For the first time in its history, the American Jewish Joint Distribution Committee (JDC) is making a collection of its historic records and photographs from the Holocaust period available online. The website — — enables the public, especially Holocaust survivors and their families, to perform searches for themselves or others they know on a database of more than 500,000 names and to view and identify photos from 14 countries where JDC operated during and after the war. This will help JDC — known to millions as “The Joint” — fill in the blanks about its impact during this tumultuous time in Jewish history.

“I cannot express the profoundly deep connection I felt to my past and now to JDC when out of nowhere my young face popped up on the screen,” said Claus Hirsch, a German–born Shanghai Ghetto survivor who found a photo of himself in the Ghetto during his search on the system. Hirsch’s family was helped by JDC in China during the war, and he found two lists on which his family members’ names appear. Hirsch now lives in Manhattan.

The website will allow users to search the names database compiled from historic documents and JDC client lists from operations in Barcelona, Shanghai, Kobe, Vilna, Australia, South America, and the JDC Emigration Service in Vienna and Munich. A group of volunteer genealogists helped the JDC Global Archives create the database, and are adding new names each week. JDC’s website is being launched at a time when a number of leading organizations and museums are making newly–digitized Holocaust era records available online, allowing broad public access for the first time ever.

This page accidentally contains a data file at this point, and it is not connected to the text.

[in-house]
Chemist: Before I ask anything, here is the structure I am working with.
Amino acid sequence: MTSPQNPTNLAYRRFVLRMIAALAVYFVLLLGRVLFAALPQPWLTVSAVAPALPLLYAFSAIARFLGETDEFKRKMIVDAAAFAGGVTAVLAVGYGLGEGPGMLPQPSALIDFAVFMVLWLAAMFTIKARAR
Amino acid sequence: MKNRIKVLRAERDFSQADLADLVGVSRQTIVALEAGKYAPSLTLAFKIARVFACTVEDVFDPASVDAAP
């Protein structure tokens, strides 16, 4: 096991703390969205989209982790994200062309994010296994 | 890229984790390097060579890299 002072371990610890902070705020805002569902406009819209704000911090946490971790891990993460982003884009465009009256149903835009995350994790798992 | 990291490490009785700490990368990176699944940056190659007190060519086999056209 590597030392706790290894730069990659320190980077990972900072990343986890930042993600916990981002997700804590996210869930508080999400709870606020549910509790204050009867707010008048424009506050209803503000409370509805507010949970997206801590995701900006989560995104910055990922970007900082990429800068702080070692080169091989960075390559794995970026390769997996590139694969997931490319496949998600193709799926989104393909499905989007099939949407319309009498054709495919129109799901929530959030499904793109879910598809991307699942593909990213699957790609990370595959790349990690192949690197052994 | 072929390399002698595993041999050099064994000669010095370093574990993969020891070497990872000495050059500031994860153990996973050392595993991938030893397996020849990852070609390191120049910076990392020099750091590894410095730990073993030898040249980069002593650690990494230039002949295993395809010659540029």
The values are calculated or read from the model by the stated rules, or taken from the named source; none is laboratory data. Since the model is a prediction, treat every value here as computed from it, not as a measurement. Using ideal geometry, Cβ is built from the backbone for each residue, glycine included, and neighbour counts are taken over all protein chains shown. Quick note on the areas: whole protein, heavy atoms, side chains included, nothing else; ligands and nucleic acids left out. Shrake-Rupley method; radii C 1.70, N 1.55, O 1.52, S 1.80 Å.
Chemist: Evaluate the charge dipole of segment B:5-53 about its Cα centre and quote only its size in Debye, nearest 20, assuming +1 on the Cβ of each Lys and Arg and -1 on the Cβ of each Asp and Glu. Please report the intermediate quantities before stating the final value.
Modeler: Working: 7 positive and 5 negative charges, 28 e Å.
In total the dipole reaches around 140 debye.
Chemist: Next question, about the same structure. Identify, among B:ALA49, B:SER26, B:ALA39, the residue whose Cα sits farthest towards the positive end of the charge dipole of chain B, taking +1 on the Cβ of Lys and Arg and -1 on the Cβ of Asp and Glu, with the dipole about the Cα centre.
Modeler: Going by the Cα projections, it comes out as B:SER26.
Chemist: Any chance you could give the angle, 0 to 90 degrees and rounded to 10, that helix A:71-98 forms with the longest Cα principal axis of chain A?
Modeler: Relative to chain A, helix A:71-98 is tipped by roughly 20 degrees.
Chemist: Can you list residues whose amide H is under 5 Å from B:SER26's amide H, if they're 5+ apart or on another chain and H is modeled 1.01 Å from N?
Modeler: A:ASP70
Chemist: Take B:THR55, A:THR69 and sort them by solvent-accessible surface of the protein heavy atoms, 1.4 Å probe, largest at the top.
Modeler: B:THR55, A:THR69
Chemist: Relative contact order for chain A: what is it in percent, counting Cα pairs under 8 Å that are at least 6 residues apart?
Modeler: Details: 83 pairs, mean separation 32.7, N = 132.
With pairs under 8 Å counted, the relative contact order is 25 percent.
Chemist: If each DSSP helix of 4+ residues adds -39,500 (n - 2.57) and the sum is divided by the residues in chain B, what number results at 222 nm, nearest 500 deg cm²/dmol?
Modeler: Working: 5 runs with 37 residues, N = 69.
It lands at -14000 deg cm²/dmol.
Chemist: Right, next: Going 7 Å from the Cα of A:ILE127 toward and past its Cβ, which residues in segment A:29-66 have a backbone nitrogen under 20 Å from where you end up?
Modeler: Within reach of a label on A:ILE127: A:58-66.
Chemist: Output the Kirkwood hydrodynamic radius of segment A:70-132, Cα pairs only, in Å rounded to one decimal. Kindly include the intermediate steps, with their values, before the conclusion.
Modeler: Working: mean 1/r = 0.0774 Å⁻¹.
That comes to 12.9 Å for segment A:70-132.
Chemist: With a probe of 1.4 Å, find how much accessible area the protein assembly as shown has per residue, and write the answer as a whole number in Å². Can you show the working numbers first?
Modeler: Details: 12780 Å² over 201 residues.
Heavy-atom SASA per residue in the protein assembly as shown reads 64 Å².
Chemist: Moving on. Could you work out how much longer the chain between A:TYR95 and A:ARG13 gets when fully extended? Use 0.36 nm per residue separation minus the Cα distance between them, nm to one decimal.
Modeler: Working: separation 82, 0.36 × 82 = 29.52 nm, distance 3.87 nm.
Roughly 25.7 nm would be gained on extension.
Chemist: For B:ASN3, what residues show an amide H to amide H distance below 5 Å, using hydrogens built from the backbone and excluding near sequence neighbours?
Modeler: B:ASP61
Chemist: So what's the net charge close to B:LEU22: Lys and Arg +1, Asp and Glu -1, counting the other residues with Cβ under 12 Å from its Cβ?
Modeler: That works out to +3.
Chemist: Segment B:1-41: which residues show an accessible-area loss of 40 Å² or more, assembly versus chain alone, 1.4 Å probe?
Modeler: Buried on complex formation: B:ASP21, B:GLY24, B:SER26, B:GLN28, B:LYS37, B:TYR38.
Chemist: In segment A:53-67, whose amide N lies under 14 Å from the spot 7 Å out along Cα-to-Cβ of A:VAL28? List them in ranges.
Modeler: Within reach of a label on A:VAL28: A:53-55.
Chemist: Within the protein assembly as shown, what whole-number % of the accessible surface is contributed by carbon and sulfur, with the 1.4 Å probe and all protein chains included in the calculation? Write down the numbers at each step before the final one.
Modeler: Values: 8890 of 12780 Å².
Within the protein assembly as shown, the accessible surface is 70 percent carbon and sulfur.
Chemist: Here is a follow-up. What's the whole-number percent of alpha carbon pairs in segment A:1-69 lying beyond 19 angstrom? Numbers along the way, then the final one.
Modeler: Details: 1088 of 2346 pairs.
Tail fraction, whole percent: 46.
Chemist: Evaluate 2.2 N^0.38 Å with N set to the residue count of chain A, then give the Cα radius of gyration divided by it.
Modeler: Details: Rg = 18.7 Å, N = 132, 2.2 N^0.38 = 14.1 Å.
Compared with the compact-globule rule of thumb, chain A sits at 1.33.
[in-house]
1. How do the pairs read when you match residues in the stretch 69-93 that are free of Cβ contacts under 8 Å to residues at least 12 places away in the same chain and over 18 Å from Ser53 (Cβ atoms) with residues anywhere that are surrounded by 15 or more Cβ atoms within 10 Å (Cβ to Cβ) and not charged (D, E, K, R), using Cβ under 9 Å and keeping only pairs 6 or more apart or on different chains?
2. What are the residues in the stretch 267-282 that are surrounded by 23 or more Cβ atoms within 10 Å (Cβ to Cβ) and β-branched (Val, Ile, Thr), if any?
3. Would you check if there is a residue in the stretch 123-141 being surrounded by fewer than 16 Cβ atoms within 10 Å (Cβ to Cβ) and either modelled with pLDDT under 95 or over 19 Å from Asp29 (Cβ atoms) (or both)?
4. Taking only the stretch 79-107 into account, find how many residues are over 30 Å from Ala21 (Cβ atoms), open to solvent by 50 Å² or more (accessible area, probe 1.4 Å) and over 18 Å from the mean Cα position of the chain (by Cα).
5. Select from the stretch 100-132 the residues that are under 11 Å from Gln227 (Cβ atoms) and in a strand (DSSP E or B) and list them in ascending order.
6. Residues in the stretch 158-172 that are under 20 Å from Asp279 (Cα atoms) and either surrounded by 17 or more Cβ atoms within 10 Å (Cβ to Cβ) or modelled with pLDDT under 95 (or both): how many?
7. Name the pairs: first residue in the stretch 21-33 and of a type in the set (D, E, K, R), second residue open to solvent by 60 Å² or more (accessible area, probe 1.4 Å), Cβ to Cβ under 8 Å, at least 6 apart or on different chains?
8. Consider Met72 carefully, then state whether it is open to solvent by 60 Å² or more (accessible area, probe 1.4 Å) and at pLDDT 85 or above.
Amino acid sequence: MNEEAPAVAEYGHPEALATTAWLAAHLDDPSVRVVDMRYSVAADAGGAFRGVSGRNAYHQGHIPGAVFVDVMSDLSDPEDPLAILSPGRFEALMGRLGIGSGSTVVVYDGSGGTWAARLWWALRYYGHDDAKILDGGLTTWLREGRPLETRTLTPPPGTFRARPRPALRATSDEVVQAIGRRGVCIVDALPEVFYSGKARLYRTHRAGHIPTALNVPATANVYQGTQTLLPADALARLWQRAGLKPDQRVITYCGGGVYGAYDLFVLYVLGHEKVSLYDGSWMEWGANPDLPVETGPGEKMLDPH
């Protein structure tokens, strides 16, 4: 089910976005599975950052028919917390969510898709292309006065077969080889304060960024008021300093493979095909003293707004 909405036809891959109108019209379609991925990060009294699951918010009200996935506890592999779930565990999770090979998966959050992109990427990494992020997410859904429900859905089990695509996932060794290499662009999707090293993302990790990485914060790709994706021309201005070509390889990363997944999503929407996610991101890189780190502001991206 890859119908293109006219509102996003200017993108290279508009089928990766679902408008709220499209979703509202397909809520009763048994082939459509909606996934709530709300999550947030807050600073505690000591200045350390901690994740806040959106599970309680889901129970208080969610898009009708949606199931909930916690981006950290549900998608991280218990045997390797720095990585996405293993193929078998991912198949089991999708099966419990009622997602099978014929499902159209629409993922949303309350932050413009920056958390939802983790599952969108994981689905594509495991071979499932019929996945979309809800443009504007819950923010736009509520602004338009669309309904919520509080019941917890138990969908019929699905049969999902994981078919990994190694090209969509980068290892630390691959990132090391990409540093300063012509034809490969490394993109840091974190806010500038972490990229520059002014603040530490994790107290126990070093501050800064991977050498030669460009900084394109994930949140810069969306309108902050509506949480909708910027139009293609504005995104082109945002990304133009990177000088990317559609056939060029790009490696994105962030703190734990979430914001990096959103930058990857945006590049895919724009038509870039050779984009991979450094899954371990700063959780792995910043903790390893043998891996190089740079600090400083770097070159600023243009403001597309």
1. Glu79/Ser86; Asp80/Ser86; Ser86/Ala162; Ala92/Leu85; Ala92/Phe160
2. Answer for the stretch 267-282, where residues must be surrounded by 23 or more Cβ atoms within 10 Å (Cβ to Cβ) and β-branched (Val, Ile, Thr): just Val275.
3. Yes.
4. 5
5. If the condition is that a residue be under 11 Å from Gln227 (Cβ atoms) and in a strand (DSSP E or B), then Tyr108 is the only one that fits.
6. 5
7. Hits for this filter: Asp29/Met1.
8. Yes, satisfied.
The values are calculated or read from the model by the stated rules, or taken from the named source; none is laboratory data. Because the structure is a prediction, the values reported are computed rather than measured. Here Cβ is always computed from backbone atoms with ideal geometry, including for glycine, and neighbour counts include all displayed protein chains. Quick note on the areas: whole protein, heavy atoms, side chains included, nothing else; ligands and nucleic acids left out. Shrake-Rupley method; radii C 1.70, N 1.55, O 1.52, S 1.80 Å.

“For six decades, the vast majority of this data has been available only to professional researchers,” said JDC CEO Steven Schwager. “Now, thanks to technology, survivors and their descendants can directly engage with our shared history.”

Users can also explore and identify people they know in photo galleries of 1,500 photos from Austria, Belgium, China, Cyprus, Czechoslovakia, the Dominican Republic, France, Germany, Italy, Japan, Morocco, Lithuania, Portugal, and Spain. JDC is also inviting the public to tag photos and to share their JDC stories from this period in history. JDC was responsible for caring for hundreds of thousands of Jews in places from Cuba to Portugal during and after the Second World War.

“Whether you were a little Jewish child we aided in Barcelona or one of the Jews we supported in Displaced Persons camps after the war, by putting faces, names, and stories together, you will benefit generations to come,” said Schwager.

With tens of thousands of documents and photographs from the Holocaust era drawn from JDC collections in New York and Jerusalem, this website aims to add personal stories to JDC’s vast international archive. Every year, hundreds of Holocaust survivors, genealogists, academics, filmmakers, and journalists conduct research in the JDC Global Archives. JDC will launch its Global Archives website in spring 2011 and will make available huge collections of newly–digitized documents and its significant photo collection from the organization’s founding in 1914. The JDC Archives website and digitization project were made possible through a lead gift from Dr. Georgette Bennett and Dr. Leonard Polonsky.